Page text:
Abraham Lincoln and National Healthcare: Making the Right Decision

In 1860, just as the presidency was being transferred from President Buchanan to a tall skinny guy named Abraham Lincoln, a band of Southern States had just sent notice of their secession from the Union. The new president was now faced with an arduous dilemma. He needed to decide if these acts violated “the authority of the United States”, and were they either “insurrectionary or revolutionary” in nature. (Lincoln’s words)

Because Lincoln believed the States retained the right of secession, if this were indeed a revolution, then the South would be exercising a legitimate Right. After all, the United States had been founded on the principle of secession and it was commonly agreed that, because States had voluntarily formed the Union, they could also voluntarily leave it. However, Lincoln believed that a People could legitimately overthrow their government only when that government had deprived its people of their inalienable rights, as stated in the Declaration of Independence.

If this were NOT a revolution, then these states would simply be committing insurrection against the government in order to break the law, so they could get their way and keep their slaves.

On one hand, civil war!  On the other hand, a national vote to determine if slavery should be legalized.  Heavy stuff, indeed.

Lincoln devised a beautiful logic to navigate his decision-making process.  The South was seeking to setup their own country to establish the right to hold people as property.  They were claiming that the government was denying them the inalienable right to hold people as property.  But is slave owning really an inalienable right?

To answer this question, Lincoln looked to the Declaration of Independence, the founding document of this country and torchbearer of our core moral principles; namely that all men have an inalienable right to their own freedom. Lincoln reasoned that there could be no natural, moral right to hold another human being as property as this would violate the inalienable rights of the person being owned.

Once Lincoln realized this argument, he knew he had solved his dilemma, for it was at that point that he realized that the Constitution is a merely a process tool to manifest the utopia described in the Declaration. In other words, the Constitution merely describes a limited government whose sole purpose is to protect and defend individual liberty.

To avoid a war and diffuse tensions, some Northerners were advocating a national vote to decide the issue. But Lincoln could not permit any avenue to amend the Constitution to legalize slavery, because such a law would be in direct opposition to the moral principles of the Declaration.

This meant that war would most certainly ensue and people would most certainly die. But compared to what was at stake Lincoln was willing to push forward on principle.

With this realization, it became clear to Lincoln that the Southerners were seeking merely to change the US Constitution so that they could subvert the very principal on which this nation was founded: to protect individual liberty! Lincoln shuddered at the thought of a Constitutional Government created to defend Individual Liberties which would now have laws on the books depriving another person of their individual liberties!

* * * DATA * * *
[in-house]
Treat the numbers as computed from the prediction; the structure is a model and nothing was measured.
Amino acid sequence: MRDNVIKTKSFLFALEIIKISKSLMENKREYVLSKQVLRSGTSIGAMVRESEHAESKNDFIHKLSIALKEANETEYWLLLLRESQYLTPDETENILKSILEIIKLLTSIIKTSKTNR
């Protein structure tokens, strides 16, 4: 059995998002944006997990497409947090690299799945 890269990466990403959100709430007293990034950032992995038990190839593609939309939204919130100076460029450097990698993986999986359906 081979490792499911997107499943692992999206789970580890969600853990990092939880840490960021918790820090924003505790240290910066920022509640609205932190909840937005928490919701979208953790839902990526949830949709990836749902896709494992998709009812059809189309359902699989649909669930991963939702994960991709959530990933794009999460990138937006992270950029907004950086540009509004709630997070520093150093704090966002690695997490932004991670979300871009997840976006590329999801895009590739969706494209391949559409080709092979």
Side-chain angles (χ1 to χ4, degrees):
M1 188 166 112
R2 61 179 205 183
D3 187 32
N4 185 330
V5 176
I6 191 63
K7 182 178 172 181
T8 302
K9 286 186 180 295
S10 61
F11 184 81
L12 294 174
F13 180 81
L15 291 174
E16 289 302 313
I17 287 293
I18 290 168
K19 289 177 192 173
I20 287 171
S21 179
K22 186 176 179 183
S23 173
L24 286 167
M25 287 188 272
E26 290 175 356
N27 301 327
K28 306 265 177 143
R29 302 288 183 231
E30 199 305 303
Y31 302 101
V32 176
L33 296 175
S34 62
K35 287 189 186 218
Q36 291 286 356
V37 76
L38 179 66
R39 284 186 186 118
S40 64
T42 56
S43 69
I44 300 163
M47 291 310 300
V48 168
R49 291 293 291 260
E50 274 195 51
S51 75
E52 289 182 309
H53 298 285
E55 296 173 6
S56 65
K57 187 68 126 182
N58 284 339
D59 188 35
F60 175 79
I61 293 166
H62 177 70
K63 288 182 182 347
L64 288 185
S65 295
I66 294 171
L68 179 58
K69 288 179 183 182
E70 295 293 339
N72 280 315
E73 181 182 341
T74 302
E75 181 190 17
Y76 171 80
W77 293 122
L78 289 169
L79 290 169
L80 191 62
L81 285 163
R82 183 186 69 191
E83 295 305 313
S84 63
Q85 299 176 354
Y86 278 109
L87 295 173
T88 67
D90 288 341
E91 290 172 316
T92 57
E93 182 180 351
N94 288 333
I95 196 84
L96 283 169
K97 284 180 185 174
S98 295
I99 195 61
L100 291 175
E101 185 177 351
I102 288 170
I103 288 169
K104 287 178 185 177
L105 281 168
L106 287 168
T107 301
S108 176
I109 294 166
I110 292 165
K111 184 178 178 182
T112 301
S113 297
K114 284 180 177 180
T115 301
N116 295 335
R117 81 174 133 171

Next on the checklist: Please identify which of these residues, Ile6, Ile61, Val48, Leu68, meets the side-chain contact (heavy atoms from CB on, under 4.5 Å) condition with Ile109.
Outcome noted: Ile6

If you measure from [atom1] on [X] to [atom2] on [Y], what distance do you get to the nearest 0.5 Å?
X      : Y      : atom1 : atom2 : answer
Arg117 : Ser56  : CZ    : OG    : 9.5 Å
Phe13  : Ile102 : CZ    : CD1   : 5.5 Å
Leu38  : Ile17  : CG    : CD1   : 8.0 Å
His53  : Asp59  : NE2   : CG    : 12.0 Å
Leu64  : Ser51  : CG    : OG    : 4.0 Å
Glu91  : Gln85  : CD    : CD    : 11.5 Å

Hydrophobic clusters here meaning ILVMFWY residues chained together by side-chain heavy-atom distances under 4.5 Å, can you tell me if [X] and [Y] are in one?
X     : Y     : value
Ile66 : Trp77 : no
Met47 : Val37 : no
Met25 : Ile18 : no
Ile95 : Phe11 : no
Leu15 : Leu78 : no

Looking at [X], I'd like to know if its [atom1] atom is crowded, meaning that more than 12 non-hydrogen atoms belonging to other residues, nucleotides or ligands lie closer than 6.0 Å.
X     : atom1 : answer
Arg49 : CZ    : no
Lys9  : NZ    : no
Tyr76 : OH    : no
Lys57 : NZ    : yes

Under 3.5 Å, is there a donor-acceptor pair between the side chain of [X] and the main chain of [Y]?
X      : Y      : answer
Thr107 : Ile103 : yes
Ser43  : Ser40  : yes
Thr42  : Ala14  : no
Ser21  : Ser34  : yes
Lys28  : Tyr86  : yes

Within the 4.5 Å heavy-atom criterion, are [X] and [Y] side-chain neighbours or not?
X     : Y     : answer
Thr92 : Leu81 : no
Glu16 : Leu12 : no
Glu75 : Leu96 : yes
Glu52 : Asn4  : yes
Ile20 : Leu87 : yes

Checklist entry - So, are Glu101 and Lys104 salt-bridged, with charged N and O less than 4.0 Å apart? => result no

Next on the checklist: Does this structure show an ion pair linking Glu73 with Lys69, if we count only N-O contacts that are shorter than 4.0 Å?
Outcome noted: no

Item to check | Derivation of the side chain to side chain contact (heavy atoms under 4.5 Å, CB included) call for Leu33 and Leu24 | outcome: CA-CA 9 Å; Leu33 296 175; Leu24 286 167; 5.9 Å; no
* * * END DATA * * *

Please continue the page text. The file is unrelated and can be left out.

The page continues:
The federal government can not take from one person and give to another! This would not stand!  It meant war!

Imagine yourself a resident of a Northern state. You may have no particular opinion on slavery.  Would you be willing to put your life, your family’s life, and everything you owned at risk in order to fight for the liberty of some slave that you don’t even know who lives in some far away land?

Well, that’s exactly what the people of the North did! They pledged their lives, fortunes and Sacred Honor to protect Liberty For All, and keep the Union.

Going to war is not a light decision!

On the other hand, consider how misguided you’d have to be to side for the Southern cause. After all, the Confederacy was fighting merely to retain the legal right to own other people.

That’s pretty lame if you ask me.

When we look back at this tumultuous episode in US history, I think most of us will agree that, even though this was a horrendous event, the Federal Government did the right thing.  Good Moral Principles prevailed and this victory solidified the ideals espoused by our Founders in the Declaration of Independence as a permanent fixture in the code which governs the affairs of men.

In many ways, I think this country is in a similar situation now with Obamacare as it was in 1861. On one hand, we have half the country committed to individual freedom and a reasonable adherence to Constitutional law, while the other half of the country has turned its back on the Constitution, and seems content to tread on the individual liberties of some people in order to gain some security for other people.  One half of the country seems to believe that individuals should take responsibility for themselves, while the other half thinks that the Federal Government should take care of them.

Who is right?

Sometimes I wonder, what would Abraham Lincoln do?